A stately house needs a fence that makes a statement about it. And nothing says “this place is a winner” like an ornamental fence! Ornamental fences are the ultimate in design, capable of great style and great protective value. But the best things in life require a little work, and your future ornamental fence is no exception. While ornamental fences are far from fragile, a little prep work– like choosing materials resistant to local weather conditions– keeps it looking great with little or no need for maintenance.
The Stuff of Greatness
Most places won’t have a problem with installing any type of ornamental fence, but for areas prone to very hot or cold temperatures, brick-post ornamental fences may be at risk for environmental damage. If you live in an area that’s consistently below forty degrees fahrenheit or above one hundred degrees, you may want to choose from our lovely selection of brickless steel and aluminum fences instead. Every ornamental fence in our catalogue is a beauty and the perfect way to celebrate and accentuate your house’s appeal.
Wear, Tear, and Proper Care
An ornamental fence can easily last upwards to 30 years but, as the saying goes, life happens.
To best address a problem, first you need to understand what it is. Here are a few issues that can come up when adverse climate comes into the mix, or if your fence is showing the scars of time.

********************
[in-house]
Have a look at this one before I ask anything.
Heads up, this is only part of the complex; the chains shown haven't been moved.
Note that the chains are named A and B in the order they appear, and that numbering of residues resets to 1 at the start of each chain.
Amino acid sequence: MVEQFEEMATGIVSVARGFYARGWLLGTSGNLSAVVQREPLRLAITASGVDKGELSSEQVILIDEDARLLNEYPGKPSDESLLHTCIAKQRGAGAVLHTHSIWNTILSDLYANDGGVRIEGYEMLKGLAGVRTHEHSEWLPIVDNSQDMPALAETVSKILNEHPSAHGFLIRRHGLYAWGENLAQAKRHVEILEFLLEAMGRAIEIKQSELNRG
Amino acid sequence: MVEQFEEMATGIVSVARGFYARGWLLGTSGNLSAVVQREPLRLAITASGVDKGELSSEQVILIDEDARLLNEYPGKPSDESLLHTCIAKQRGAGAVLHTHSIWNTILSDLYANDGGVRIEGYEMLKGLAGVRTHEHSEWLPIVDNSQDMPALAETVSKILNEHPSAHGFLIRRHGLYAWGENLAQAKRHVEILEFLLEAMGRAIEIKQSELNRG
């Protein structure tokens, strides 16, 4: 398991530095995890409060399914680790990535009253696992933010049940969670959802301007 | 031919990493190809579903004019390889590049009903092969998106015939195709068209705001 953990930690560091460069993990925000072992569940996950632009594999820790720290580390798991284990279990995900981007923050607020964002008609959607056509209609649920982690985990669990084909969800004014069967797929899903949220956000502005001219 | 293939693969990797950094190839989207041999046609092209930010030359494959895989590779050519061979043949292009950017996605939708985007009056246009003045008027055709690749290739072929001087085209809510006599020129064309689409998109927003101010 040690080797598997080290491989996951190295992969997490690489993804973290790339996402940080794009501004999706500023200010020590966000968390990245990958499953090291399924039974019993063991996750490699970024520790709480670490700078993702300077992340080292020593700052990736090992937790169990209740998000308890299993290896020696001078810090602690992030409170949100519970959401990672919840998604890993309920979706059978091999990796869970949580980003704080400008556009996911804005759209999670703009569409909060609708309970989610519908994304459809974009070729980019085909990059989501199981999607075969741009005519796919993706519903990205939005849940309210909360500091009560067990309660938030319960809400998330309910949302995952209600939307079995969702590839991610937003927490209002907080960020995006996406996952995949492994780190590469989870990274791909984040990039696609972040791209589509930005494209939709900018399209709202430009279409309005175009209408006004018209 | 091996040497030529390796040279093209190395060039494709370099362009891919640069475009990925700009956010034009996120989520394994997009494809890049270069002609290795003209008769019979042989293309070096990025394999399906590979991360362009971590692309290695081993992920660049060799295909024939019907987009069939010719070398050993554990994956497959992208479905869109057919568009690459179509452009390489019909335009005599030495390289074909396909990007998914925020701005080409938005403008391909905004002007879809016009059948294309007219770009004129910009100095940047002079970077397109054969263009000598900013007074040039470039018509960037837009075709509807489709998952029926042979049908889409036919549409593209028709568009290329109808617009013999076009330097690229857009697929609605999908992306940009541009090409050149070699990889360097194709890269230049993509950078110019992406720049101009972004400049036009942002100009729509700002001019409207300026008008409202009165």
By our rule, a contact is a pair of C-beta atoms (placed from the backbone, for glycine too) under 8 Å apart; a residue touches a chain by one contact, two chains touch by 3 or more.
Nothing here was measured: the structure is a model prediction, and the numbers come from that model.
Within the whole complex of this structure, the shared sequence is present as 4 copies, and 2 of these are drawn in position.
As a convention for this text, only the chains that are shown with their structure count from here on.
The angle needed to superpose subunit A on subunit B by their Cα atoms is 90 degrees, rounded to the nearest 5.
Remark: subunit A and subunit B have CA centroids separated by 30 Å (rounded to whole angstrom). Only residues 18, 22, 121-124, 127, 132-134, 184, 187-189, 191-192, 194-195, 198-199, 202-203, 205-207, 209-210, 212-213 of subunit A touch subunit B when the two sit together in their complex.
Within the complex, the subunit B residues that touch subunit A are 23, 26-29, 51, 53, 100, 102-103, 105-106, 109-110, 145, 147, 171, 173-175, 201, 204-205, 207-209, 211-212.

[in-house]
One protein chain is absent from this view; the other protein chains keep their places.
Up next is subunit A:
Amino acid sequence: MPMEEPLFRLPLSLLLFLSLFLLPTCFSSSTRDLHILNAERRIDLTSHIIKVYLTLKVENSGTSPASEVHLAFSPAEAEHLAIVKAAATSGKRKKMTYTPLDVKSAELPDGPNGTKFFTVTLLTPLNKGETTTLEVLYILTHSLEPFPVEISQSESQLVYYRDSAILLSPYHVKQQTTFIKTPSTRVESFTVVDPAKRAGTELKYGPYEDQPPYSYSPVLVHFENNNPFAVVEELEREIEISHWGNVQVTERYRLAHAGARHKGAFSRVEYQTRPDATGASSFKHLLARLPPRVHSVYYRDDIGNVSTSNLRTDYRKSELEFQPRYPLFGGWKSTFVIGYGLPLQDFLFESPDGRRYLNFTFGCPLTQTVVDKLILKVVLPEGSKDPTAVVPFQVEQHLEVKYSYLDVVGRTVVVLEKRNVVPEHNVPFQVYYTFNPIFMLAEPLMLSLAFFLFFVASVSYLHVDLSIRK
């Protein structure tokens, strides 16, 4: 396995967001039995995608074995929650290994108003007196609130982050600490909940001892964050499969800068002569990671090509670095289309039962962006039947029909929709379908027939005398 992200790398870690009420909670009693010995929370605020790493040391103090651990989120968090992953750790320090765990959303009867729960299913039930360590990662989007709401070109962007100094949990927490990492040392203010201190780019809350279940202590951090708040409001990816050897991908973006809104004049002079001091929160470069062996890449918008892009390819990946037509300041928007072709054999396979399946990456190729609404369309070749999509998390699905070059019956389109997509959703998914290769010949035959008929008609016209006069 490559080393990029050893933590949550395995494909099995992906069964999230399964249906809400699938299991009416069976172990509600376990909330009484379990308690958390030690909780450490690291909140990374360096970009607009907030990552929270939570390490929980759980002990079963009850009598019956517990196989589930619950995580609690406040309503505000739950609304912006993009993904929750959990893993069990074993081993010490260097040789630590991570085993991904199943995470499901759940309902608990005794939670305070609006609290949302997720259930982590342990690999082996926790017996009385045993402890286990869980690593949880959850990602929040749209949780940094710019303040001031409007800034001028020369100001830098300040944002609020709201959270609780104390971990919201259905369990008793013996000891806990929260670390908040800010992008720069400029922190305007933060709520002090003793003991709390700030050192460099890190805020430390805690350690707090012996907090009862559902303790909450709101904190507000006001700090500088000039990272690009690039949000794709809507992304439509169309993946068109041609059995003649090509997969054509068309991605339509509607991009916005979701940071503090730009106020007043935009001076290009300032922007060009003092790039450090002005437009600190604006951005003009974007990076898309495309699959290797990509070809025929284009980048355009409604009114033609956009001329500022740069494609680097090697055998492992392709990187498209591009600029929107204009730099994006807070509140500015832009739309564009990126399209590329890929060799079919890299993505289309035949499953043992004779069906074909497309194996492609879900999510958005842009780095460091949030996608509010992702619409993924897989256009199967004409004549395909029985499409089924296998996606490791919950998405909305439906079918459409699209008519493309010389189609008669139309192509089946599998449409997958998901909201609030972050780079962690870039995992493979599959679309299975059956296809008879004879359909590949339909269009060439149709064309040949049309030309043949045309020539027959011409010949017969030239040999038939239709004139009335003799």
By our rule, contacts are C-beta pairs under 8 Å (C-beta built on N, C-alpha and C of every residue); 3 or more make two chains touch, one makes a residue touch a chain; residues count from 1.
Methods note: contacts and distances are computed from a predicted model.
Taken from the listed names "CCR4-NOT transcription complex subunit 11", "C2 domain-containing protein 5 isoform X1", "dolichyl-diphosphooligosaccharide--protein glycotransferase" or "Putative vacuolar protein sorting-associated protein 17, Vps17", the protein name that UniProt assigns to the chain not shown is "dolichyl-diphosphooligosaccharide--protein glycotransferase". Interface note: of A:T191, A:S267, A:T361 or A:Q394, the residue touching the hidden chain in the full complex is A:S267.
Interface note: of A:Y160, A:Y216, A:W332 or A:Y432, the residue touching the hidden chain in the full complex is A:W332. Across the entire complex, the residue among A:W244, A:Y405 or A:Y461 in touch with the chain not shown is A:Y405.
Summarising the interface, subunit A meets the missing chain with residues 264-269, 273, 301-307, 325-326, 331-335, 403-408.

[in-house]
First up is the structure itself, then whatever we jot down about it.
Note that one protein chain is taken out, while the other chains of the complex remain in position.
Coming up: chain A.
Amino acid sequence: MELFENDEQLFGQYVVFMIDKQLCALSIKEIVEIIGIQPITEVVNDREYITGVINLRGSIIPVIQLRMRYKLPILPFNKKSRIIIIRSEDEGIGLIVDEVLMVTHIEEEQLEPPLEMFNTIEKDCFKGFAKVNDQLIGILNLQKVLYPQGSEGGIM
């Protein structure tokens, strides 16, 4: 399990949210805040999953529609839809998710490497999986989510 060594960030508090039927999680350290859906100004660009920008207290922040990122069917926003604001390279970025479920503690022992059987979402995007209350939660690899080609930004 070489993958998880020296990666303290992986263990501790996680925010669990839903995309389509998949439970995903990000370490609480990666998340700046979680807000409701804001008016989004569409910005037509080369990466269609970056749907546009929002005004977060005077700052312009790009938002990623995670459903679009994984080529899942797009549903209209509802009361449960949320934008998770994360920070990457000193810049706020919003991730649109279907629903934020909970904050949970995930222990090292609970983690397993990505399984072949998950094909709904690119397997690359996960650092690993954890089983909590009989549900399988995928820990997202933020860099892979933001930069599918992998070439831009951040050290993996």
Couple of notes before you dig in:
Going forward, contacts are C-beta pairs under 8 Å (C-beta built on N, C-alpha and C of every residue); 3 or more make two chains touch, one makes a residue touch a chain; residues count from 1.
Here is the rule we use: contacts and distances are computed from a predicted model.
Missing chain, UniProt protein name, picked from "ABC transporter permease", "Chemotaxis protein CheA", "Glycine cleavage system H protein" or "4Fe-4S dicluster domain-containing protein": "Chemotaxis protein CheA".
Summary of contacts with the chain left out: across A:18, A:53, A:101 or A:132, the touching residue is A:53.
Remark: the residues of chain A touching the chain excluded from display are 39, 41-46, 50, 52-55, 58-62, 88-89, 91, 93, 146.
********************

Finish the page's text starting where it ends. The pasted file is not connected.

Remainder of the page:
- Fence Rail is Missing or Loose– if you’re one rail short of a full fence, fear not! You won’t need a brand new fence. You will need to remove the fencing around the missing rail, but afterward, it’s a simple matter to attach a new rail to your fence. Remember to paint the new rail beforehand, to keep it as simple as possible.
- Hinges on the Hedge– if your gate squeaks or stalls when you swing it, the hinges likely need to be lubricated. In the worst cases, such as if your hinges have completely rusted through, they will need to be replaced.
- Rusty Fence– if you see rust, don’t panic. While rust cannot be reverted back to stainless steel, it can be removed. Just brush the affected area(s) with some sandpaper or wire until the rust is gone. Afterwards, you’re going to want to apply a rust-resistant primer to it, to keep it from rusting again. The best fix to a problem is to not have one in the first place, after all!